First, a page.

Creating connections through the arts and across cultures

“Music Lives On,” by Matt Kulak

One of the most satisfying things about Riehlife is connecting with new readers and hearing their thoughts. Matt Kulak commented on "Just as the Sun Went Down"--a Civil War song chosen by my father Erwin A. Thompson. Here's a lovely letter he wrote to Pop. --Janet

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So although the facts may disappear from history, I guarantee the music will live on in the children of those of us who grew up with these songs.

Dear Mr. Thompson,

Your daughter Janet mentioned you after I commented on her posting about the song “Just As The Sun Went Down." I wanted to share this story with you since you are interested in this song, and other music like it.

The song “Just As The Sun Went Down” is a very touching story. I’ve had no personal experience with war or loved ones lost in war, fortunately. So I can only imagine what that is like. But hearing this song does make me think, each year, of the countless soldiers lost in battle.

I was born in 1967, the youngest of 5 children. My parents were both born in 1932 (unfortunately neither one of them is with us any longer). But my fondest memories of growing up have to be Christmastime each year, when we would listen to this old, scratched 1957 Christmas album by a group called Tex Johnson & His Six Shooters. Although my parents weren’t particularly interested in country & western music, this album somehow became our family Christmas soundtrack. Every year, without fail, we played that thing over and over while decorating the Christmas tree, baking cookies, sitting around the fireplace, opening gifts, etc. I still have the original album, with a very worn cover sleeve and hundreds of scratches, pops, and crackles on it.

I honestly can’t say why certain songs where included on this album, as they were not even remotely Christmas-themed. Some of these include the theme from the TV show Cheyenne, Just As the Sun Went Down, San Antonio, and Pride of the Prairie Mary. To this day, my wife thinks I’m crazy for listening to these non-Christmas songs every year. My two daughters are somewhat more accepting of them. But I have to tell you, I just can’t get through a Christmas season without listening to it numerous times. I even searched online for several years, and finally found another copy of the album on eBay. This copy was in much better condition. So I used a newer turntable connected to my computer to clean up a lot of the cracks and pops, and made CD copies for all of my brothers and sisters. They were thrilled.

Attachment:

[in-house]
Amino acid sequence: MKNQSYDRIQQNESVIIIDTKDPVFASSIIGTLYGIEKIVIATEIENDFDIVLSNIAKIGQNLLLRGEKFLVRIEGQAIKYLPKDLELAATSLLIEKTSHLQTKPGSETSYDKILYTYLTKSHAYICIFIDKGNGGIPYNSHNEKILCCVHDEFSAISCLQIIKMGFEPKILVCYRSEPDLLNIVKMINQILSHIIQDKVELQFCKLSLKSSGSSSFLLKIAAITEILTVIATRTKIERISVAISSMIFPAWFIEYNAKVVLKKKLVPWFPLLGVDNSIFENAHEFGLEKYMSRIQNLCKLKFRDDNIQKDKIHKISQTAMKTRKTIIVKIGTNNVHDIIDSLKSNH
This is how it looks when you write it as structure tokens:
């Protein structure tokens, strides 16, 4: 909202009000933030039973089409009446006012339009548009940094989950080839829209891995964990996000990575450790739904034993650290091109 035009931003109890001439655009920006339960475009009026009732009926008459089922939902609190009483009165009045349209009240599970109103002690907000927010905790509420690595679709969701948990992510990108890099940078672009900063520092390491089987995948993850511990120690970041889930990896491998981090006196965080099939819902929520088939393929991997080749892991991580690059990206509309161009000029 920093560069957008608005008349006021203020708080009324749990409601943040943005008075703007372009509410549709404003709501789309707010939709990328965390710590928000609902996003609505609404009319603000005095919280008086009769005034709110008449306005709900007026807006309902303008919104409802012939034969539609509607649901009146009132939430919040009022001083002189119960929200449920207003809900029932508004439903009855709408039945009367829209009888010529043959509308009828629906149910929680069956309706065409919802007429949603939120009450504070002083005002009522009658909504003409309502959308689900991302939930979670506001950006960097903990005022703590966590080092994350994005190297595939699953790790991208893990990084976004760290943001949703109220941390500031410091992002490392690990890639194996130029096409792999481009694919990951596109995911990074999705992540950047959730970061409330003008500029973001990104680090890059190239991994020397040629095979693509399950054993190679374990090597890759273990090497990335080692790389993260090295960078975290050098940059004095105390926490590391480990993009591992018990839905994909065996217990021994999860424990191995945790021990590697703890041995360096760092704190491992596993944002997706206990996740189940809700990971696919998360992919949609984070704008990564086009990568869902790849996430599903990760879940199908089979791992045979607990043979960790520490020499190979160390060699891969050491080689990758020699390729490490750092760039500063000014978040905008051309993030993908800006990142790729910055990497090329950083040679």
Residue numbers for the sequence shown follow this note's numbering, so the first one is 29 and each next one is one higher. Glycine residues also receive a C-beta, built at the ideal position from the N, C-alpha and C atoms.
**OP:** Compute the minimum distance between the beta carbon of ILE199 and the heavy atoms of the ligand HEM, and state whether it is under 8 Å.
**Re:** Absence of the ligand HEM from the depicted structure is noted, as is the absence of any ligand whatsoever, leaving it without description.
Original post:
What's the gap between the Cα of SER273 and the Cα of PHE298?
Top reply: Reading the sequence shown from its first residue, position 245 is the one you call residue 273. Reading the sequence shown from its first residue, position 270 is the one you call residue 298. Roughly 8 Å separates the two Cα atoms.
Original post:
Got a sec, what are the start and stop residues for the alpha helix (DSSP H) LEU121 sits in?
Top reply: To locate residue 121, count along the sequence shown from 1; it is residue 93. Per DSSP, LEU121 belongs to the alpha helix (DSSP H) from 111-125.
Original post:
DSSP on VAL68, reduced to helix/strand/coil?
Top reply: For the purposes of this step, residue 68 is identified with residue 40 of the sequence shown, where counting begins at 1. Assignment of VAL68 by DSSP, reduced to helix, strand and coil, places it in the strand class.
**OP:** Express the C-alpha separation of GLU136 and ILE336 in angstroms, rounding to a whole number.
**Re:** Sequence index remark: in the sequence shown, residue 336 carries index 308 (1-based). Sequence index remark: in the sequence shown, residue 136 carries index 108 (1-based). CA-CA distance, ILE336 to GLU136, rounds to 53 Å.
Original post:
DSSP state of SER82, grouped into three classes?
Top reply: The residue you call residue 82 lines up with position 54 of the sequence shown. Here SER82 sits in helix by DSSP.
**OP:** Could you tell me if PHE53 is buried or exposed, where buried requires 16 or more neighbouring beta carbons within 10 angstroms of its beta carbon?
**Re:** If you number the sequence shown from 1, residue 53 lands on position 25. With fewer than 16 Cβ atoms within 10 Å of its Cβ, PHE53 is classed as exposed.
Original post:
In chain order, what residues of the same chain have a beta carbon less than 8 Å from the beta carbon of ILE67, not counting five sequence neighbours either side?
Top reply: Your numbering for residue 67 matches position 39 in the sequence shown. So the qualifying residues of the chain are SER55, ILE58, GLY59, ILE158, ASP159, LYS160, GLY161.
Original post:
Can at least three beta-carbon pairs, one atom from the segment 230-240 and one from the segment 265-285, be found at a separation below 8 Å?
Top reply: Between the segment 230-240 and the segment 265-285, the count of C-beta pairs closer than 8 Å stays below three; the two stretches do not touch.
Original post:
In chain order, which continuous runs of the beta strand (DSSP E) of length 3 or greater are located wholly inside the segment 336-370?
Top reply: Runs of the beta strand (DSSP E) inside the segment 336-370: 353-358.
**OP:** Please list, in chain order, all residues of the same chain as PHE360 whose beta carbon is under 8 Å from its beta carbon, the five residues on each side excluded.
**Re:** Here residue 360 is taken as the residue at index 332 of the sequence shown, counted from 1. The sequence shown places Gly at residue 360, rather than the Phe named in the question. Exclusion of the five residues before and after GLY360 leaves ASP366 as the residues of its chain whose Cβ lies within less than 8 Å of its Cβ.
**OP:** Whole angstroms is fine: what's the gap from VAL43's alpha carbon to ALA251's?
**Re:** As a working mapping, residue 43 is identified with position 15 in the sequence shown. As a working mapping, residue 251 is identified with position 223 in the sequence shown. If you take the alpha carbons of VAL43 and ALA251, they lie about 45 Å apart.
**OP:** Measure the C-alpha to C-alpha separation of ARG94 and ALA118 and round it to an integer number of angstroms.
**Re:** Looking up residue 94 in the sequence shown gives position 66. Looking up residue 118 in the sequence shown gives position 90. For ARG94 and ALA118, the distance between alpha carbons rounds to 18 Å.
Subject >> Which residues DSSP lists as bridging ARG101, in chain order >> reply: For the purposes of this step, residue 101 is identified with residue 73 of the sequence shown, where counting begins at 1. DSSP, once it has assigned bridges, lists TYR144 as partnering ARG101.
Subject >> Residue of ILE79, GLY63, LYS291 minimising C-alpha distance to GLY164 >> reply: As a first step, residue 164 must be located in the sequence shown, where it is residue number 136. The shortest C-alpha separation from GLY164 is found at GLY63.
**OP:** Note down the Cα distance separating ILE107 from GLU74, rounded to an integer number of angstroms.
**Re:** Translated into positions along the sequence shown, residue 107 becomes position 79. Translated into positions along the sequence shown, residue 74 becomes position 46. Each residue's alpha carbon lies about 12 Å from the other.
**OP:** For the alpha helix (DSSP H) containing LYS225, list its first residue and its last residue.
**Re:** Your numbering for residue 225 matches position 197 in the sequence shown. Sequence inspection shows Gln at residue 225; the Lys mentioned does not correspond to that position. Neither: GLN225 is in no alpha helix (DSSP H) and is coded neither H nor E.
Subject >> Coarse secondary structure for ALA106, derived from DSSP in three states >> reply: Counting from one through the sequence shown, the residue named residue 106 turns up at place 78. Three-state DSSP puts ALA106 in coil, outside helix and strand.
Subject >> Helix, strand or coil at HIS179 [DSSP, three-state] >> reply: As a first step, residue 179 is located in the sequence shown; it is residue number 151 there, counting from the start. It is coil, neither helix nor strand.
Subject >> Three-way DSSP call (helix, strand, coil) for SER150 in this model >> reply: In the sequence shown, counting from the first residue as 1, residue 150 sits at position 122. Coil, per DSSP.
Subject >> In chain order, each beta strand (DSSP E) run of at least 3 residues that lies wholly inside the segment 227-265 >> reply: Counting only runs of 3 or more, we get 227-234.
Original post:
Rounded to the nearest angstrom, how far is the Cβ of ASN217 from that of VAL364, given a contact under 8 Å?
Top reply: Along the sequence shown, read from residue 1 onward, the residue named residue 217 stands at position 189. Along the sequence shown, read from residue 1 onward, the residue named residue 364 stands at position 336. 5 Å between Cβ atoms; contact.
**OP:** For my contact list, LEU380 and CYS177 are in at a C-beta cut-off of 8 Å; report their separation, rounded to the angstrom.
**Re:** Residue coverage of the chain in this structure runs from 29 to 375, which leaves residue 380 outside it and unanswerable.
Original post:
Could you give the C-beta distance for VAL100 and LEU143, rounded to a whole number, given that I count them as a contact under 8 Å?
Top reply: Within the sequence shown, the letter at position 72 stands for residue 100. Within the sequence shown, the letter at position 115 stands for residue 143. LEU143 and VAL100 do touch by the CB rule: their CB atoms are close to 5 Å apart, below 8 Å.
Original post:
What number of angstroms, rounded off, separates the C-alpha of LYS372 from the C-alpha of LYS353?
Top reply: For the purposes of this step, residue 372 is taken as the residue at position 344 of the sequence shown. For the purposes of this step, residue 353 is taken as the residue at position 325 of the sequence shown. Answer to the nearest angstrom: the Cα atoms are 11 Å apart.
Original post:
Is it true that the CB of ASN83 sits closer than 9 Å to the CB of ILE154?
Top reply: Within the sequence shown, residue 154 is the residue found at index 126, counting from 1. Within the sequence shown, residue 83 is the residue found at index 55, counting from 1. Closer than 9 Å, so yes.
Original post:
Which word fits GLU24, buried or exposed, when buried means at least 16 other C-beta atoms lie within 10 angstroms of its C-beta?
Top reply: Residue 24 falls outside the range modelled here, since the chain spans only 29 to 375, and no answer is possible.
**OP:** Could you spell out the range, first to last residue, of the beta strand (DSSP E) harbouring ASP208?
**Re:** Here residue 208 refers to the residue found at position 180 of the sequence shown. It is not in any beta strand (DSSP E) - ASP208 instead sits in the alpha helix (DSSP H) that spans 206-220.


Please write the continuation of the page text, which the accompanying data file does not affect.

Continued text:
Oddly enough, when I was searching online for a new copy of the album, I found a website by a gentleman who also grew up listening to this album with his family. And lo and behold, he had heard from hundreds of people with the same story. And all of us were scouring the internet trying to find new copies of it, or make copies for other people, or even to research more about Tex Johnson and his group. There is no information online at all about this group. And what’s more interesting, is that there is apparently another album, with identical recordings of the exact same songs, but it is attributed to Cactus Jim and the Wranglers. And people have similar stories of growing up with THAT album! So it appears that the singing group might have been a generic recording group, whose album was then marketed under several different names. Pretty clever marketing if you ask me! But since the record company that released the albums (Spinorama) no longer exists, and there is little info to be found online, I’m afraid at this point in time (55 years after the album was released), there may not be anyone left who was associated with that company or knows any more details.

So although the facts may disappear from history, I guarantee the music will live on in the children of those of us who grew up with these songs.

I hope you have a wonderful holiday season this year!

Best Wishes,

Matt Kulak

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  1. “Renfro Valley Memories,” by Erwin A. Thomspon | Riehl Life: Village Wisdom for the 21st Century

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